Mosin-Nagant

Discussion in 'Curio & Relics Forum' started by Bioman, Aug 17, 2009.

  1. Bioman

    Bioman New Member

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    Purchased my first recently. Appeared to be unfired. I am at work and can’t recall where it was made or model, but I think it said Connecticut on it (as in USA), does that make any sense? Took out to range, started at 100 yards and could not place a single shot on target. Had someone spot and they noticed it was shooting around 2 foot high and around 8” to the left with the elevation at its lowest setting. This was on a calm day. Front site pin looks to be a bit bent. Tried it at 50 yards just to be sure it was not operator error and I had to aim around a foot and a half low to hit the target. Are there any adjustments I can do or is this one just a dog?
  2. pinecone70

    pinecone70 Active Member

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    My M-44 is like that, I had to put a low-relief scope on it. It's a really great gun now that it's sighted in, and it was dirt cheap. I also have a 91/30, but it's much more accurate and has no front sight problem like the other one.
  3. Maineman

    Maineman New Member

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    Bioman don't give up on your MN both remington and westinghouse made them in the USA for the czar before he was overthrown. also they were sighted in for 300 meters. check out this site www,7.62x54.net you could have a real collectable rifle there. good luck maineman
  4. momo

    momo Former Guest

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    Sound like you have a MN 91 that was made by Remington or Westinghouse. If it was sighted in for 300 meters, as Maineman said, that would probably explain the height discrepency. You might not want to do anything to it because these are highly collectable rifles, especially if it was unfired when you got it. How do the bore and stock look? Could you post some pictures?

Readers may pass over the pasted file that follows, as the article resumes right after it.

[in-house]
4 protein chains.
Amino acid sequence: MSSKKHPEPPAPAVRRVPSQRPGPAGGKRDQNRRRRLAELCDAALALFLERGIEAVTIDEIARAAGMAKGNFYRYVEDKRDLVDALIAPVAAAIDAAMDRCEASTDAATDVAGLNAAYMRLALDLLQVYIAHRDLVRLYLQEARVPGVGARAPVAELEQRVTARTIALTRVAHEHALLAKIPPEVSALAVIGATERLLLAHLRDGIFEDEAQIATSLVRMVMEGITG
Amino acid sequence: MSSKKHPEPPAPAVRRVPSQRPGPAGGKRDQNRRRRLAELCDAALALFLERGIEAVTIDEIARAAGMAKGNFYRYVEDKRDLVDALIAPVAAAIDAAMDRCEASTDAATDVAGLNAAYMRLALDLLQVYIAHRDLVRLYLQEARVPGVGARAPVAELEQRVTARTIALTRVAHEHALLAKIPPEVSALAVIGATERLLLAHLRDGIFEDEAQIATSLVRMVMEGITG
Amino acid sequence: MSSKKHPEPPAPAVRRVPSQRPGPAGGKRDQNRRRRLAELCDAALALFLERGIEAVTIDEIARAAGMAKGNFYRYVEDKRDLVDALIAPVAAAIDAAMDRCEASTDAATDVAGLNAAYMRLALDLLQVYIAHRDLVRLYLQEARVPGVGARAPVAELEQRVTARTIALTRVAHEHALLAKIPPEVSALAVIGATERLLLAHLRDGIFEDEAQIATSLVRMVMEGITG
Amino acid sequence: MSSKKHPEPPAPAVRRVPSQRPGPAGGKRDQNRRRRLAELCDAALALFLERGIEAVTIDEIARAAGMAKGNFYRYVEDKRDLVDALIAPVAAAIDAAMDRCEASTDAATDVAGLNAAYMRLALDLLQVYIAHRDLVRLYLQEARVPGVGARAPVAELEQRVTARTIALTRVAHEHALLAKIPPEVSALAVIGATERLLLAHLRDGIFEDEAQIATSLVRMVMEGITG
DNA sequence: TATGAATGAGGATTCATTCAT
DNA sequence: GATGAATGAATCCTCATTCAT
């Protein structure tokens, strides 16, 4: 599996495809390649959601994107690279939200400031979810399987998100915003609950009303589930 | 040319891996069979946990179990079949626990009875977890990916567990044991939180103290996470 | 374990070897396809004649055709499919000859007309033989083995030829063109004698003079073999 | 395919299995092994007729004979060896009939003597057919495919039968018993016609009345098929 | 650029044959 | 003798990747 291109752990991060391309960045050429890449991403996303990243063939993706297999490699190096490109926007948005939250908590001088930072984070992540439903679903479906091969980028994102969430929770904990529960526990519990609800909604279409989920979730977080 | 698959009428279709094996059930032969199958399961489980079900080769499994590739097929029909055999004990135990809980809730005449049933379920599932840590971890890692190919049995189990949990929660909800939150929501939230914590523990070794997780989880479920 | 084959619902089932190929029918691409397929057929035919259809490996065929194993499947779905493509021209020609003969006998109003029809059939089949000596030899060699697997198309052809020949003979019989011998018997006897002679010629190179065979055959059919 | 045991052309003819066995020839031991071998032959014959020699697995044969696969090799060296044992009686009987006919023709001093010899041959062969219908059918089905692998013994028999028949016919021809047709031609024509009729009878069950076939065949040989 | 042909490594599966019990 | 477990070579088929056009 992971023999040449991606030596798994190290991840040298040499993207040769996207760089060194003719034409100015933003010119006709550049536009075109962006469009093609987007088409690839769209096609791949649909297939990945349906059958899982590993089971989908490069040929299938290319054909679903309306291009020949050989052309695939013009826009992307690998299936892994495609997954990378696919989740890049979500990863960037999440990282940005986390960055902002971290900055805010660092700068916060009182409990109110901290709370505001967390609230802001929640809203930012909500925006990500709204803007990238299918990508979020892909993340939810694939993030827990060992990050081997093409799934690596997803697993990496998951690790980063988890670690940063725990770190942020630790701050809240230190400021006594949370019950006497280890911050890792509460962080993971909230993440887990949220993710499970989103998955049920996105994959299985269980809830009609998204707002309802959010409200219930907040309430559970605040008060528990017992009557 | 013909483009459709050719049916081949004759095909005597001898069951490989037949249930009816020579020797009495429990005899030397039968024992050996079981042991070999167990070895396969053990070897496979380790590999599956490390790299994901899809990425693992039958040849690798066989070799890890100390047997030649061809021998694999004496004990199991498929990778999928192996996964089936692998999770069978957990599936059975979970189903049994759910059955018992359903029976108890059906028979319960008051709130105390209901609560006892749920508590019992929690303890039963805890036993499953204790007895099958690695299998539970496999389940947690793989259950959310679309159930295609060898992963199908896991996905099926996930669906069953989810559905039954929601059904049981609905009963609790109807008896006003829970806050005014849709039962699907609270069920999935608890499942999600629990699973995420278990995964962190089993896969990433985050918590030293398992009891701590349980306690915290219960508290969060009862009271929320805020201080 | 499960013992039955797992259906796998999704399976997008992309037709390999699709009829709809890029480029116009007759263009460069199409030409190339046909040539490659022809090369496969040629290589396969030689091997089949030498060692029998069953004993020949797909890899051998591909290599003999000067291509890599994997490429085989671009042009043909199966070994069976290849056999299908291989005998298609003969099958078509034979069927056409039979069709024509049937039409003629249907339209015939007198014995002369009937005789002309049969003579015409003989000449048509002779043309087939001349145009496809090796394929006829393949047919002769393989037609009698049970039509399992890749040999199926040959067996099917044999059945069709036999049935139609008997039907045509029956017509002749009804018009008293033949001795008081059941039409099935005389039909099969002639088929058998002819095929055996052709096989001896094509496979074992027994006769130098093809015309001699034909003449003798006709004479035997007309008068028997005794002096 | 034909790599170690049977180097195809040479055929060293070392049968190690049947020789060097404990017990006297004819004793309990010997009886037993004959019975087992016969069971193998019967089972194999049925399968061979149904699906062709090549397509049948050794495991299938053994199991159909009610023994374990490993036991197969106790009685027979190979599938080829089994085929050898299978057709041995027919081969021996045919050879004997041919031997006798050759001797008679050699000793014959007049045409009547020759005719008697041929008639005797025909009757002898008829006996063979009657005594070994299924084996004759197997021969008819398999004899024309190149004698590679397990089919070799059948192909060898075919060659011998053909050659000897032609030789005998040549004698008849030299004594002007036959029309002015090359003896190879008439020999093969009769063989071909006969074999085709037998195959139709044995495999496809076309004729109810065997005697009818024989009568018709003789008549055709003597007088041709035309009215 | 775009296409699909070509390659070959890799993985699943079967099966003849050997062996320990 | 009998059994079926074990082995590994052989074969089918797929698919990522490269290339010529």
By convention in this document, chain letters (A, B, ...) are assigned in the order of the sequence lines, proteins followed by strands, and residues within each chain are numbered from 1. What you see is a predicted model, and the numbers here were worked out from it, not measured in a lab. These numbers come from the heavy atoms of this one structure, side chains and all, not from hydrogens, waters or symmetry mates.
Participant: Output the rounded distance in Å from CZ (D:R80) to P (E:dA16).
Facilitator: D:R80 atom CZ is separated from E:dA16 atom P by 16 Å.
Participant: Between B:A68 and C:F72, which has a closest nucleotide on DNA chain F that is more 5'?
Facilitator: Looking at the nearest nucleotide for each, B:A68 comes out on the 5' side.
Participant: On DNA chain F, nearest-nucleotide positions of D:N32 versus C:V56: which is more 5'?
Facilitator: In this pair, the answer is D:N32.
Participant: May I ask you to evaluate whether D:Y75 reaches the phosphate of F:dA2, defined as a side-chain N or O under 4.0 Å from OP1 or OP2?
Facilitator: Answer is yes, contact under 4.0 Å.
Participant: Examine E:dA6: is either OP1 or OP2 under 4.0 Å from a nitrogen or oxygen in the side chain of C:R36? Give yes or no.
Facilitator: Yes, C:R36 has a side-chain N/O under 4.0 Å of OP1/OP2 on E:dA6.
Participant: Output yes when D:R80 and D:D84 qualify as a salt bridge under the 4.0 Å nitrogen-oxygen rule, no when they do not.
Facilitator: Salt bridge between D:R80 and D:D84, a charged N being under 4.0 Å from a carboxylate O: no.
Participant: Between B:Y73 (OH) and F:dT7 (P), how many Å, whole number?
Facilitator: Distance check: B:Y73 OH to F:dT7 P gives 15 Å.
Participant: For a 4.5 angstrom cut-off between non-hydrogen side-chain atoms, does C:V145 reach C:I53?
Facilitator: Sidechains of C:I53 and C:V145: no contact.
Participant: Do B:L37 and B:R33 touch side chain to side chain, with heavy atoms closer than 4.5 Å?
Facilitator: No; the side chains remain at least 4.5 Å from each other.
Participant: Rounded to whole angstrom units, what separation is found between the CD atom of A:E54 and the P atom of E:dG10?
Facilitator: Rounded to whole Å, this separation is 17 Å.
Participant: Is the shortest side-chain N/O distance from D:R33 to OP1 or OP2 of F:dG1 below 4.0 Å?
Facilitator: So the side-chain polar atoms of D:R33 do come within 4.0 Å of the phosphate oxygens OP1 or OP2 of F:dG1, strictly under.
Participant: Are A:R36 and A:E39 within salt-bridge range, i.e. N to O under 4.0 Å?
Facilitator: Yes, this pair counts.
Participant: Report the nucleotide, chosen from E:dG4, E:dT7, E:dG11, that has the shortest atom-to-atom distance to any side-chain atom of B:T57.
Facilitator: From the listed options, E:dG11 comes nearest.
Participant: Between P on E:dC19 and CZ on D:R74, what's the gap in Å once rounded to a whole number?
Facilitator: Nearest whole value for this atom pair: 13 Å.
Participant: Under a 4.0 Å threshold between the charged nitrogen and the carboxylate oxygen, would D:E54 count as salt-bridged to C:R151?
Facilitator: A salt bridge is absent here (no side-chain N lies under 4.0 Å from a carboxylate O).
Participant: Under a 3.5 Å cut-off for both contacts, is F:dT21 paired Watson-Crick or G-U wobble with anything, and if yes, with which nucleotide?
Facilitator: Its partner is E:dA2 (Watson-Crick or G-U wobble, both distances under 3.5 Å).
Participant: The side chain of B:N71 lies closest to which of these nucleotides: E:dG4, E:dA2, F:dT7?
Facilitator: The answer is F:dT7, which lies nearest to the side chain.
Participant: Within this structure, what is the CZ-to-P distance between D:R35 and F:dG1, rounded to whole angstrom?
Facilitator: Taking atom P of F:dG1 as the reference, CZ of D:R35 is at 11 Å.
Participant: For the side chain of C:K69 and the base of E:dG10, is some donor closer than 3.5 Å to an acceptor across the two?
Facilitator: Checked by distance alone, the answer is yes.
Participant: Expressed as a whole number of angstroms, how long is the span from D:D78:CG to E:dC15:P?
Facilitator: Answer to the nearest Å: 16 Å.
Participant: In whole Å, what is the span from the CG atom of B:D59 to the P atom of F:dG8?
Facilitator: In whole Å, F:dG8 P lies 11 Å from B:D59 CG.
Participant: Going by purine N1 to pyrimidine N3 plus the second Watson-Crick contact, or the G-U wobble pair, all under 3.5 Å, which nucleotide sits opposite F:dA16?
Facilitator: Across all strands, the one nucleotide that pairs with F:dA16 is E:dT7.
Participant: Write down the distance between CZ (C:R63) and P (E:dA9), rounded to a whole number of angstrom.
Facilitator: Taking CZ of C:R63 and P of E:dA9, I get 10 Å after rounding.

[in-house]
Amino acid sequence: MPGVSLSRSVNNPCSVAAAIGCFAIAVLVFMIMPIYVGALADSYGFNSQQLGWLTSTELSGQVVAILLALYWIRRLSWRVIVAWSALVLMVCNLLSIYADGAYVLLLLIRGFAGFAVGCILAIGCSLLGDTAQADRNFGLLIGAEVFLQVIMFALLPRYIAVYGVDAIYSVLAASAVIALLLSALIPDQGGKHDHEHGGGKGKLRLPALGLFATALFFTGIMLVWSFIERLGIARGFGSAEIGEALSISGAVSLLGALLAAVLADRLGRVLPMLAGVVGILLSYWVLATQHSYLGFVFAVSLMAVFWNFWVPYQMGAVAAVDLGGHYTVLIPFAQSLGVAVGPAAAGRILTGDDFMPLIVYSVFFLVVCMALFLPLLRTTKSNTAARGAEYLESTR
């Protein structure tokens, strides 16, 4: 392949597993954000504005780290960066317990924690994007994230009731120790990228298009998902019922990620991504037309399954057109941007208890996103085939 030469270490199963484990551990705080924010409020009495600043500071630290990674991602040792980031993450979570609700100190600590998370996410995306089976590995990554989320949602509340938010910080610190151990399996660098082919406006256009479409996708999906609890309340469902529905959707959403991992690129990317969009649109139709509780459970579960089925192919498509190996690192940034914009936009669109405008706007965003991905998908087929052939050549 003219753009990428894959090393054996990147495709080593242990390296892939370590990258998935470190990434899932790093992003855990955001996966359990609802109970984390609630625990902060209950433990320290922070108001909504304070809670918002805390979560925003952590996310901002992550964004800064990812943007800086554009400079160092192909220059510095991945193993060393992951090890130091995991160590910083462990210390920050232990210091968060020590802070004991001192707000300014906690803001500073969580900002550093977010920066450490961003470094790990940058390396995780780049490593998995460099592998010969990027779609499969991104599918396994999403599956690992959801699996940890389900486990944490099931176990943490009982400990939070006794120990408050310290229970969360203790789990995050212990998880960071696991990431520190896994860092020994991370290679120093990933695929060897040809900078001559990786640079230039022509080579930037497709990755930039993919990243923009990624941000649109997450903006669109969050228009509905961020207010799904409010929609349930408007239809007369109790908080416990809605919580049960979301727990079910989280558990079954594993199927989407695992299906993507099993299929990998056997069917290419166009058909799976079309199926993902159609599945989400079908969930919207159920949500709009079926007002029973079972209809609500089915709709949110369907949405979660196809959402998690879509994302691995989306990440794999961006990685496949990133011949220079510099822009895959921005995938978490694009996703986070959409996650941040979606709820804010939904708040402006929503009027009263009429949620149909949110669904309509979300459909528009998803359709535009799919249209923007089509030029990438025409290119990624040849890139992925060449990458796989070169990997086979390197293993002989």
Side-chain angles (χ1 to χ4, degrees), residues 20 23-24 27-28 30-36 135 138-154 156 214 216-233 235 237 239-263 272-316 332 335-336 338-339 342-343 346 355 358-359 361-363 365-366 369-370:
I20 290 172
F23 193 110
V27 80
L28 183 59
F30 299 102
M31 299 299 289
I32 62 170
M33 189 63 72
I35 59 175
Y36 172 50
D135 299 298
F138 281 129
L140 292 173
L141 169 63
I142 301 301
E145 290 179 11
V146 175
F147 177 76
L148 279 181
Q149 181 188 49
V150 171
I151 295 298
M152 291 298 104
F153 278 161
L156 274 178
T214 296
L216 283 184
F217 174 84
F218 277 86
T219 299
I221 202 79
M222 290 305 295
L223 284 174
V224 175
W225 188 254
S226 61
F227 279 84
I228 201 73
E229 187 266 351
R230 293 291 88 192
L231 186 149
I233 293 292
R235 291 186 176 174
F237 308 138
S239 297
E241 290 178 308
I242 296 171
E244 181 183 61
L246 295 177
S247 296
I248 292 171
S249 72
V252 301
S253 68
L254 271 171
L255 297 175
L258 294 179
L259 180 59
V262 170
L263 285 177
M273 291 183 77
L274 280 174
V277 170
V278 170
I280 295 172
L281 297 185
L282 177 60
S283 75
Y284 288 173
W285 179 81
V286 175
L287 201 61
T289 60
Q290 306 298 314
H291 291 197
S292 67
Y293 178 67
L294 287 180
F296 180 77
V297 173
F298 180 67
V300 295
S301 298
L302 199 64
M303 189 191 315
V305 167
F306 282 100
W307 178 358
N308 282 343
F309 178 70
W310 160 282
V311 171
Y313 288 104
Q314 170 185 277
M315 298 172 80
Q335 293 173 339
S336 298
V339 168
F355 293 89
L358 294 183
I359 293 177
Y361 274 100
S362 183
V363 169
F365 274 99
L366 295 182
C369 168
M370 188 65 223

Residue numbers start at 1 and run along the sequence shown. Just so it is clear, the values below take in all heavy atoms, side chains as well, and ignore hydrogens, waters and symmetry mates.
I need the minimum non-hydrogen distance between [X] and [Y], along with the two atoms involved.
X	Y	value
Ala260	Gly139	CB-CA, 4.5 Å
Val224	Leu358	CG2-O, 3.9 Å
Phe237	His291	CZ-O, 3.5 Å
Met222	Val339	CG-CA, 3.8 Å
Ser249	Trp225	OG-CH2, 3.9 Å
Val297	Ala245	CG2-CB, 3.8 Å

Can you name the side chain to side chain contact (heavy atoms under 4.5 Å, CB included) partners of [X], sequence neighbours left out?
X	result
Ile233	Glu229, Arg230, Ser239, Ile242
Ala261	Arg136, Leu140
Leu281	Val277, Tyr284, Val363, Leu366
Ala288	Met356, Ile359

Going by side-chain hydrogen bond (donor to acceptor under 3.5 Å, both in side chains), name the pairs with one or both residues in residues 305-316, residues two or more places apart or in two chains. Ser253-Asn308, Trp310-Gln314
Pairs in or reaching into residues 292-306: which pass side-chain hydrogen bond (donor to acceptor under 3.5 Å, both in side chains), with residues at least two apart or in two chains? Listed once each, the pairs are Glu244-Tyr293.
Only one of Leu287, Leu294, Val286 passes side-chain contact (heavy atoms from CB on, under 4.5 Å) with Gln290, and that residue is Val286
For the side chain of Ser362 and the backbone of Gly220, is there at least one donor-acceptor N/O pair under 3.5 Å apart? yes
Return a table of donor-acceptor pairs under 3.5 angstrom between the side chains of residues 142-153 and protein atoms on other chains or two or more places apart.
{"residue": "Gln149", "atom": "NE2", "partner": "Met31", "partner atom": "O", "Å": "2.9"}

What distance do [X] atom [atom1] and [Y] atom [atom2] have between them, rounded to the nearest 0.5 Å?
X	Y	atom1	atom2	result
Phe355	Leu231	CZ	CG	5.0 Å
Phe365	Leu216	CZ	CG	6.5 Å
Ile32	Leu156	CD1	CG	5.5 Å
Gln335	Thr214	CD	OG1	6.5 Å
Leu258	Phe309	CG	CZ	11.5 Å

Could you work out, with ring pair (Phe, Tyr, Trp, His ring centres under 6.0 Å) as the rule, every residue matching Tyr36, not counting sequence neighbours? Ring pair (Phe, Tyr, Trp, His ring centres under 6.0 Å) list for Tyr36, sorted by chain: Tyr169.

5. Bioman

    Bioman New Member

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    Bore is clean and sharp. I'll try and post pcitures tonight. Thanks for all of the insights.
  6. Popgunner

    Popgunner New Member

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    Remember that if it has a bayonet like the M-44 that originally sighting in was done with the bayonet extended. This affects point of impact.
  7. petesusn

    petesusn New Member

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    My M-44 shoots much more accurately with the bayonet extended. I think that it may have been produced with this in mind.

    “You can get much farther with a kind word and a gun than you can with a kind word alone.”
    Al Capone
  8. TRAP55

    TRAP55 Active Member

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    Probably the importers stamp.
    Windage is adjusted drifting the front sight.
    To lower the point of impact, you have to raise the front sight. Auto parts store, get some automotive wiring heat shrink tubing, (your choice of colors). Slip a piece over the pin post, apply enough heat to make it hang on and trim to length. If you cut too much off, it's cheap.:)
    Post some pics of the markings!
  9. budman46

    budman46 New Member

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    i like trap55's solution...i belong to these forums because you guys are a wealth of info.

    my 44's shoot 5-6"patterns at 50 yds with the bayonet folded, but 1 1/2" groups with it deployed or removed and the point of impact shifted to the right quite a bit as i recall.

    budman

    budman
  10. zkovach

    zkovach Active Member

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    The Connecticut print is the importers "electropencil" stamp.
  11. phx gun owner

    phx gun owner New Member

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    I bought my M-44 dated 1945 . Was never fired before i got it . All i did was clean it once and shot it . It works flawless every shot . Sometimes you get lucky and sometimes you dont .

    The good thing about those old russian rifles is you can do some work to them and make them work great if you need to . Plus they are so cheap . Cant beat the price .
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